EYO6557 - Wetherby Road Roundabout WB and EXC




Location Wetherby Road Roundabout
Grid reference Centred SE 5591 5145 (204m by 596m)
Map sheet SE55SE
Unitary Authority City of York, North Yorkshire



York Archaeological Trust





Between the 15th May 2018 and the 31st October 2018 York Archaeological Trust conducted a watching brief and excavation at the A1237/B1224 Roundabout on behalf of City of York Council. The investigation of this site has revealed strong evidence for the presence of a Late Iron Age/Romano British agricultural settlement in the area around Acomb and Knapton, approximately 4.5km west of York. The discoveries include a group of large pit-like features which have been interpreted as watering holes for livestock, as well as a number of possible post-holes, pits and ditches. A shallow ring ditch suggests some kind of enclosure or possible building. A suite of environmental samples recovered from the large features support the interpretation of them as watering holes for livestock. The site produced regionally and nationally important evidence for the Late Iron Age/Romano British agricultural landscape in a hitherto uninvestigated part of York. The analysis phase of investigation at Wetherby Road has resulted in the refinement of the original assessment phasing and interpretation. Recovery of a small lithic assemblage has revealed that the area was being exploited, at least in a limited way, as early as the Neolithic. The earliest feature was defined as such by its stratigraphic relationship with a pit which has been radiocarbon dated to the Bronze Age, and from which a rubber stone for a saddle quern was recovered. Activity at the site had intensified by the late Iron Age, at which time a pastoral landscape had become established with open ground or grassland subdivided with ditched enclosures and hedgerows. It has been possible to detail local conditions from a suite of environmental evidence captured in a series of large waterlogged pits, interpreted as watering holes for livestock. The continued exploitation of a spring accessed by these features is evident from maintenance of the watering holes during the transition to the Romano-British period. However, by the mid-Roman period the watering holes had silted up and fallen out of use. Following the Romano-British period there is no evidence to suggest that the site had been utilised in a particularly intensive manner. Several small and abraded medieval pottery sherds had found their way into the top of earlier features through post depositional processes, but no features could definitively be assigned to that period. It is likely that the site has been subjected to agricultural activity from this time until the present day, as evidenced by the line of a ditch that had silted up during the 19th century and was clearly identifiable as a field boundary on early Ordnance Survey mapping (OS 1850). This was one of the most important investigations of a prehistoric site to take place recently in the York area and that the assemblage and site archive has high research potential. A range of striking similarities are apparent with how Late Iron Age/ Romano-British agricultural activities at Heslington East and Wetherby Roundabout exploited the available landscape resources during the Late Iron Age/ Romano-British transitional period. A mixed farming economy is evident, with a significant weighting towards pastoral activity focussed on watering and control of livestock hinging on the presence of reliable spring water. Stabilising the sides of watering holes with wattle linings, which was at times augmented with cobbled hard standing, implemented long term access for livestock.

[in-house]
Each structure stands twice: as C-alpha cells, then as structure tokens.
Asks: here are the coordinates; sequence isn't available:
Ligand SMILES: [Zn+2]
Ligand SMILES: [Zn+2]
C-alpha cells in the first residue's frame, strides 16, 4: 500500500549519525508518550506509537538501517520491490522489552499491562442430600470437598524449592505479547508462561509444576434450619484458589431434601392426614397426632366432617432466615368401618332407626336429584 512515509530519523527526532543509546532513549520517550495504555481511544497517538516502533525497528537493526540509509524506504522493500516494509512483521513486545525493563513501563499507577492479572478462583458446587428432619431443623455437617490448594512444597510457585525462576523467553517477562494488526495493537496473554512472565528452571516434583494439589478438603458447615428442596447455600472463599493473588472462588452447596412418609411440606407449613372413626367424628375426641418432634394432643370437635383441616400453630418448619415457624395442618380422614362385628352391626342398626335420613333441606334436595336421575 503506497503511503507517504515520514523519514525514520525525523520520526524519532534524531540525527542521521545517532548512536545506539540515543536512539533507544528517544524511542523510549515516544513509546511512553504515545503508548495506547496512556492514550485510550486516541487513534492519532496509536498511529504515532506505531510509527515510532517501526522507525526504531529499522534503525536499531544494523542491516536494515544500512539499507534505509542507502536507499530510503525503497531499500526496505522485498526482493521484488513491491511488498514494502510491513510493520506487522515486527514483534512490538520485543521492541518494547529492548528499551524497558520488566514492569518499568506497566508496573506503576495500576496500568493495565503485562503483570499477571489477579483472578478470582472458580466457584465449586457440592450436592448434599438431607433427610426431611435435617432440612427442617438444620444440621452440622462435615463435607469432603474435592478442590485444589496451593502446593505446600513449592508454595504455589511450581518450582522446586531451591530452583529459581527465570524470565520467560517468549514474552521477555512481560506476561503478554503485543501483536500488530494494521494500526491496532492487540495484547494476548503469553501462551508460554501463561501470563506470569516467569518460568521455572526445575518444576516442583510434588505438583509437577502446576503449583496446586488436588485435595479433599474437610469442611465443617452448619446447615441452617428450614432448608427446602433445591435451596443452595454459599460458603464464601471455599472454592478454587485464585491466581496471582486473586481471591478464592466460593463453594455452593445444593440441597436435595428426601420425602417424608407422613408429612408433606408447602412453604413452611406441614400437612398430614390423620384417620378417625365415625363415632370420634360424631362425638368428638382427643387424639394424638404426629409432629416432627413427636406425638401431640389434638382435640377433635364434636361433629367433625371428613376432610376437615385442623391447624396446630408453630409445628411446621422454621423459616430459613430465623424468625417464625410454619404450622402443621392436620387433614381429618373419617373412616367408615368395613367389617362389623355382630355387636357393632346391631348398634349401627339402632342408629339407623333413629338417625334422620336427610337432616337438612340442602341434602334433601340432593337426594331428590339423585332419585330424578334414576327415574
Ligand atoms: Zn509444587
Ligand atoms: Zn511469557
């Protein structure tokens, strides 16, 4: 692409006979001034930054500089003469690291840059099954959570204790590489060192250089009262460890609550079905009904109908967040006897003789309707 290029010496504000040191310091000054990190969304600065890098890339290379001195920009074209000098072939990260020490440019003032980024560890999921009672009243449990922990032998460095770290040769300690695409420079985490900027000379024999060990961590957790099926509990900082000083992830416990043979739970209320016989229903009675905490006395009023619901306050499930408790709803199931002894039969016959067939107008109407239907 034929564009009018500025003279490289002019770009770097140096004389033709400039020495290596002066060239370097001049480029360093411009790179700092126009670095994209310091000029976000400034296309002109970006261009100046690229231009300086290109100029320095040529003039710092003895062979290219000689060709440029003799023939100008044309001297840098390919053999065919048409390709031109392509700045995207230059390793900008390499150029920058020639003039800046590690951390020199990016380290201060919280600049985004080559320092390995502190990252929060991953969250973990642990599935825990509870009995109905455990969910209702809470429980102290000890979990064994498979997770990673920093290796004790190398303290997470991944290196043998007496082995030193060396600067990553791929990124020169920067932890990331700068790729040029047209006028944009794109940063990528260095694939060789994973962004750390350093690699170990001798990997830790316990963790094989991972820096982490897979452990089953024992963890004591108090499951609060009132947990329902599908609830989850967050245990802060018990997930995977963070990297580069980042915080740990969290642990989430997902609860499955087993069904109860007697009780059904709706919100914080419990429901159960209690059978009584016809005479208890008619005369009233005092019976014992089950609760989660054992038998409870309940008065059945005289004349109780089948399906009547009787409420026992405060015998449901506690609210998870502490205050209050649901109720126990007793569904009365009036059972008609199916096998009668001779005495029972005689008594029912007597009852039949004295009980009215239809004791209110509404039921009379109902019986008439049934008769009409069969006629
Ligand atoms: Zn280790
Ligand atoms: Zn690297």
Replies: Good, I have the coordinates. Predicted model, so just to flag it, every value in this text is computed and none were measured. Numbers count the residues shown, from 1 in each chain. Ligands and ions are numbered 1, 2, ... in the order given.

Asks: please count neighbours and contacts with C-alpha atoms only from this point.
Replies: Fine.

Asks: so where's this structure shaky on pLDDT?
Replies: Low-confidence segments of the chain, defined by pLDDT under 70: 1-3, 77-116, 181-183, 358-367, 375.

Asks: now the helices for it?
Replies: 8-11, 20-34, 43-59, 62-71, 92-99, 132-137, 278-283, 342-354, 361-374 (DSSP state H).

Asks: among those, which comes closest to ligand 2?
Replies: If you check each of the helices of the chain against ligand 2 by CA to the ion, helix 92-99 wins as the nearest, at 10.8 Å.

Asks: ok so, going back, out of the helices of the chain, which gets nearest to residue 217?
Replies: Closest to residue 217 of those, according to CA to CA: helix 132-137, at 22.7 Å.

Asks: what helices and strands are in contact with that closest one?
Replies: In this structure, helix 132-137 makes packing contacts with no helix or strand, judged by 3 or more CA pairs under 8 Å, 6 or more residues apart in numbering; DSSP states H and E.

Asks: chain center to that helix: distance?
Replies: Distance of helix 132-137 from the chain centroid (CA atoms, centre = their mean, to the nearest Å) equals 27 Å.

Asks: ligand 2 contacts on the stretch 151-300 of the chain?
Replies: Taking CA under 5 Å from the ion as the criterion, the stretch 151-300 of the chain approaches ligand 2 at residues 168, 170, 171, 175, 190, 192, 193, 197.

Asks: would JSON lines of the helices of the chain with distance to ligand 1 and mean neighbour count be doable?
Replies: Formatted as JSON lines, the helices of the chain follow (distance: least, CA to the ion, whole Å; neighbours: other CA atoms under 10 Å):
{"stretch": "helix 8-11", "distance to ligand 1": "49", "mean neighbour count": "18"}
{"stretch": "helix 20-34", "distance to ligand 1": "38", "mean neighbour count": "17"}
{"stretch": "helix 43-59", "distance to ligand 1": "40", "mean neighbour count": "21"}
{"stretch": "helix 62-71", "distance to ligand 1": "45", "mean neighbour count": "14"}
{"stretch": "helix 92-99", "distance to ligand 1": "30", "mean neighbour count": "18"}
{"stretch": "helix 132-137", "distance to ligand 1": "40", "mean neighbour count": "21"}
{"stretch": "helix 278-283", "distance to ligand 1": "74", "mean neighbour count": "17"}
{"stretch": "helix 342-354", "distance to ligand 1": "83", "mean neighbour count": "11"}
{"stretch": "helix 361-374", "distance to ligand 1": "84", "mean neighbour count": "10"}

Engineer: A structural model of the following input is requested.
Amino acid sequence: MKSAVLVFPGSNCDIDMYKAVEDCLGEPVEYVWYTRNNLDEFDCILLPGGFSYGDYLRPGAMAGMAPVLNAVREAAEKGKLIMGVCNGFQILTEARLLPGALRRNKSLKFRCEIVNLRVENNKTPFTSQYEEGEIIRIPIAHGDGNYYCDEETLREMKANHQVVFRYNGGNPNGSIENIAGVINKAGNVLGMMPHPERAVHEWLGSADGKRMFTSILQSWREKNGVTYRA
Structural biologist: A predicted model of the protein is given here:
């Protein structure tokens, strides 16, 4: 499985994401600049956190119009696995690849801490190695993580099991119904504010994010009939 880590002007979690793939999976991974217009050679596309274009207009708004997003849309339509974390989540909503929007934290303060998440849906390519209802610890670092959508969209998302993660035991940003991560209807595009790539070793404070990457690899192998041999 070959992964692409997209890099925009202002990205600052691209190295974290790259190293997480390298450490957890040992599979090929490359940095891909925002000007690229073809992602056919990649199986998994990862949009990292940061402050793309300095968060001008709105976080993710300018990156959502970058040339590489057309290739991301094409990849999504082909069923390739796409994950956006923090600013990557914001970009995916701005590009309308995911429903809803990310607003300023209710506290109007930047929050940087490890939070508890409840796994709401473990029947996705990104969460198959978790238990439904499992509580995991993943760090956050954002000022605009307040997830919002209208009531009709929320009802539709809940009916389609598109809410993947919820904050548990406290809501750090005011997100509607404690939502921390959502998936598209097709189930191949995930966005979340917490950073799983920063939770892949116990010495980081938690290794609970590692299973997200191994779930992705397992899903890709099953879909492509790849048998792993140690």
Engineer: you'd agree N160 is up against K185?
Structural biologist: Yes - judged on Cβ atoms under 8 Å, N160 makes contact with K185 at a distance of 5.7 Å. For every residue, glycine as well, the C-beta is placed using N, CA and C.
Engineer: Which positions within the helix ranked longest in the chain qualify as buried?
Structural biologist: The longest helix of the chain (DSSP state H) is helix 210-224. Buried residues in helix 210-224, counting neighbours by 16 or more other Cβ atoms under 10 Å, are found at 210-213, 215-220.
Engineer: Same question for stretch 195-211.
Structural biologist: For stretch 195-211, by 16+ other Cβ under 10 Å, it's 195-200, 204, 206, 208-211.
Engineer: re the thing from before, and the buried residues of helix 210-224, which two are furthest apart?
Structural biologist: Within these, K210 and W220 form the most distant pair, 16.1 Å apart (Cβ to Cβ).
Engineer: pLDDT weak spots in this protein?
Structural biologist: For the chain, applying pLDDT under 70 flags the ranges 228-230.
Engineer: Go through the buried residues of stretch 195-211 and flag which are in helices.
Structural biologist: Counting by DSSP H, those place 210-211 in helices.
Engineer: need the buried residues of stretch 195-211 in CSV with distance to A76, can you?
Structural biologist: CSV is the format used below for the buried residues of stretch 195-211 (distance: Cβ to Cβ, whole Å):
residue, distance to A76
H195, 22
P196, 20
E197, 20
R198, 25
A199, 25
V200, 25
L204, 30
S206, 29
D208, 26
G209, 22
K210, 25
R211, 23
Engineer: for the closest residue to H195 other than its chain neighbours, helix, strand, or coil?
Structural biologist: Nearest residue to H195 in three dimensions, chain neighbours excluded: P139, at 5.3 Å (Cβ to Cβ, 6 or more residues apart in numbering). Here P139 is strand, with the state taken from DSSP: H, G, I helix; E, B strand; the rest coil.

Sources/Archives (2)

  • --- Unpublished document: YAT. 2020. Wetherby Road Roundabout WB and EXC Assessment.
  • --- Unpublished document: York Archaeology. 2023. Wetherby Road Roundabout WB and EXC Analysis.

Related Monuments/Buildings (1)

  • Late Iron Age-Romano-British settlement (Monument)

Record last edited

Aug 23 2023 3:54PM


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